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Old 12-07-2012, 04:48 PM   #38
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Originally Posted by Pollianna View Post
Thank you so much, I remember my Mother having a perculator also. I had forgotten about it. It must have been a very popular item. It is called a defusser.... I remember now, as I said I couldn't remember her using one. I have never belonged to a forum, this is very nice. I wish I could talk to her about this however she has dementia and is 88 years old and not able to understand. Again this has been a very pleasant experience and I certainly appreciate your help.
Let me give you a big WELCOME to DC. You will find an answer to almost any question you may have. And a lot of fun here. We all have a great sense of humor and it can pop up at anytime. Do take a look at our "Today's funny." Start on page one and go through it to the last page. but you must stop every so often and let the side pain from laughing subside before continuing. We also have a cult here of Purple Pie Pot People. We just love our mini pot pie makers.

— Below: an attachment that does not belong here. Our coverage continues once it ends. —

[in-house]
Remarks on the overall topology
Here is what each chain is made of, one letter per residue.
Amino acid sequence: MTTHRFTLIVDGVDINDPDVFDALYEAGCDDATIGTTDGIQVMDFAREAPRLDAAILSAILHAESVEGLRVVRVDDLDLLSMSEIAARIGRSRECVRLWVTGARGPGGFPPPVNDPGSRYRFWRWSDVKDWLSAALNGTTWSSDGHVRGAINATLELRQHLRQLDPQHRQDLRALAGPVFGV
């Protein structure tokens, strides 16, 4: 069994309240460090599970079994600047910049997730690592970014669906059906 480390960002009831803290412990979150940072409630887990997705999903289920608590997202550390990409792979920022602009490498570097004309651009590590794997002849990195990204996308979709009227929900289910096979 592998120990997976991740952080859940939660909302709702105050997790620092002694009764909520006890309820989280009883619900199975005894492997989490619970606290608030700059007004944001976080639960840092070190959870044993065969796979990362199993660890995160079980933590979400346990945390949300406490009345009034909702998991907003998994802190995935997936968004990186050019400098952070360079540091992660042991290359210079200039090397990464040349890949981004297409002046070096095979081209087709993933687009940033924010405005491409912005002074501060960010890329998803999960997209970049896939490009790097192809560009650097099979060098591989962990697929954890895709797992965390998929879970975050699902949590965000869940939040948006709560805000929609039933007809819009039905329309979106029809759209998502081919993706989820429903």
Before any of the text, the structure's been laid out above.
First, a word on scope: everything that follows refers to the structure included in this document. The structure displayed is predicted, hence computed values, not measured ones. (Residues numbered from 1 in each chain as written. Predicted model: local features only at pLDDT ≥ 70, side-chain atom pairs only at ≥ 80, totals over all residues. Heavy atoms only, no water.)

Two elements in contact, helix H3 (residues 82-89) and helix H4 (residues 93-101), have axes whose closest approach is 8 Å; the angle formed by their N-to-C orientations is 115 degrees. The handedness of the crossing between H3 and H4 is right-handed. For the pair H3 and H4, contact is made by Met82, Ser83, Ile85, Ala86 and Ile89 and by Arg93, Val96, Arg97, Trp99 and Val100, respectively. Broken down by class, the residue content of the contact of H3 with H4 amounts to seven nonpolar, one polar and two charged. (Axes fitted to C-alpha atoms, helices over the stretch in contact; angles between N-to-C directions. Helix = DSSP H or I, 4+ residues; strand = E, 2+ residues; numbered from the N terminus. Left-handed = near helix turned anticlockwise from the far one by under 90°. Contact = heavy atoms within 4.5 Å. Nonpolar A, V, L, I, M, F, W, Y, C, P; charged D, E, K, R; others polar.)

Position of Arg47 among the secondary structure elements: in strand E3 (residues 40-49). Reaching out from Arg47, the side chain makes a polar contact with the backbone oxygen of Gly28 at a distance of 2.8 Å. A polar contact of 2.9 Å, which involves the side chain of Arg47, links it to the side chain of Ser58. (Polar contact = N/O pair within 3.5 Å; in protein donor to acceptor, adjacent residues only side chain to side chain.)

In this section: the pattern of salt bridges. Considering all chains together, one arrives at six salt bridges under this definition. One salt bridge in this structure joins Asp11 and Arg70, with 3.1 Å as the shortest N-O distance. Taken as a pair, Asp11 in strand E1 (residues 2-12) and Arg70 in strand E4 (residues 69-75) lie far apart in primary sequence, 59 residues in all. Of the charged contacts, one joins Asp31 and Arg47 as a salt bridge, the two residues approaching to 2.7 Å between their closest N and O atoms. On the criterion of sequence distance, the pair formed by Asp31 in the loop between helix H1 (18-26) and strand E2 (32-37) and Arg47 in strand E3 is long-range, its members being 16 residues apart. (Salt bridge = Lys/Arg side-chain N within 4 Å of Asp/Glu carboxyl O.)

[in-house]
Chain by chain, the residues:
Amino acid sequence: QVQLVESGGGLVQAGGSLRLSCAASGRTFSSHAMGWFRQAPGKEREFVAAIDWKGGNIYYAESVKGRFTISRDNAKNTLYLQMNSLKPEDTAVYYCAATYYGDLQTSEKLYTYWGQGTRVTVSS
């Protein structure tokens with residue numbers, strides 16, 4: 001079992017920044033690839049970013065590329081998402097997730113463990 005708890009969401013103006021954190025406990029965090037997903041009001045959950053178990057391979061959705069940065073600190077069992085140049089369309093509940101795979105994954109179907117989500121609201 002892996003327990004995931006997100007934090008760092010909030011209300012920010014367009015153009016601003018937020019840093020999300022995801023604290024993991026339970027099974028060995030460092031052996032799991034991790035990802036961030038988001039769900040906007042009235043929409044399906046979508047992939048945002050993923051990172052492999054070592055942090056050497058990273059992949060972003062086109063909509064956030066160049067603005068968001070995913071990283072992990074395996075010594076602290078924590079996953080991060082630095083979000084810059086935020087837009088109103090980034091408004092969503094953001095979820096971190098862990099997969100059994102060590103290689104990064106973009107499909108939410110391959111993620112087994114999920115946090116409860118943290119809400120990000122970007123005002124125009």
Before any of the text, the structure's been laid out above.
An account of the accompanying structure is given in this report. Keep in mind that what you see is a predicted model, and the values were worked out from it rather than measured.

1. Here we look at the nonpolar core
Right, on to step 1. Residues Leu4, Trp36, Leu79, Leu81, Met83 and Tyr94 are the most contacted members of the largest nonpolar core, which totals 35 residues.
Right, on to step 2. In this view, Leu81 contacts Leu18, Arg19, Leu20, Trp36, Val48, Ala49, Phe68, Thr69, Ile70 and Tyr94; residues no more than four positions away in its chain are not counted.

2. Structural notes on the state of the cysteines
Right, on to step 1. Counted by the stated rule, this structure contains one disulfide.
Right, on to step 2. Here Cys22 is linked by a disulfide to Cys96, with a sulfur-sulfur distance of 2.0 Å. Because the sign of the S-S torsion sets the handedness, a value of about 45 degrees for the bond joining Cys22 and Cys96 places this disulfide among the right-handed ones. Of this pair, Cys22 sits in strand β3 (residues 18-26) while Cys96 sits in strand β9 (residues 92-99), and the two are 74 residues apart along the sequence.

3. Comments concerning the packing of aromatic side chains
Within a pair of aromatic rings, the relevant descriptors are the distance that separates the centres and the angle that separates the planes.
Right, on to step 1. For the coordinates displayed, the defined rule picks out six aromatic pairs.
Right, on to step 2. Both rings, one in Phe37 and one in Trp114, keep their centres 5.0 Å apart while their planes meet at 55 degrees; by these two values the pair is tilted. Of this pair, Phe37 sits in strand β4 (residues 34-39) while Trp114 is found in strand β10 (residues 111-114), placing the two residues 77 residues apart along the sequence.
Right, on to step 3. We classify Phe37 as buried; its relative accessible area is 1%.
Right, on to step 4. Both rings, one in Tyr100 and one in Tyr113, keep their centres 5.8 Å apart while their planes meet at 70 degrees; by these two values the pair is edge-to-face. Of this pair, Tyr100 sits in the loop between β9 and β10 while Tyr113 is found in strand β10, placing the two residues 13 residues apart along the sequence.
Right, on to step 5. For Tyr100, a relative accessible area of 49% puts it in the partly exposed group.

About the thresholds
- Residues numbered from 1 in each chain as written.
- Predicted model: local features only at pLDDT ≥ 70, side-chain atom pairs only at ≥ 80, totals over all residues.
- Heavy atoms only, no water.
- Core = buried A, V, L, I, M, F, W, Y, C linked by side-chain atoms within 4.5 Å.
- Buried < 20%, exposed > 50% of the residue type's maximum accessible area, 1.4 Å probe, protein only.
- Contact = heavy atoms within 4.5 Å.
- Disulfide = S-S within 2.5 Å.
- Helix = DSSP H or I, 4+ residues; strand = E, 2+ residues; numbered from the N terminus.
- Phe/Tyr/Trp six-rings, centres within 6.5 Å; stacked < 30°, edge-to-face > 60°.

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Old 12-07-2012, 04:52 PM   #39
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Remember the tall Corningware coffee maker with the Cornflower on the side? You always got a diffuser with it in case you had an electric stove. In fact it was recommended for all the Corningware pots and pans. I wonder if they had a double boiler in their collection? I never saw one.
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Old 12-07-2012, 04:59 PM   #40
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Saucepan and Pyrex mixing bowl for the extremely rare occasion I would need a double boiler.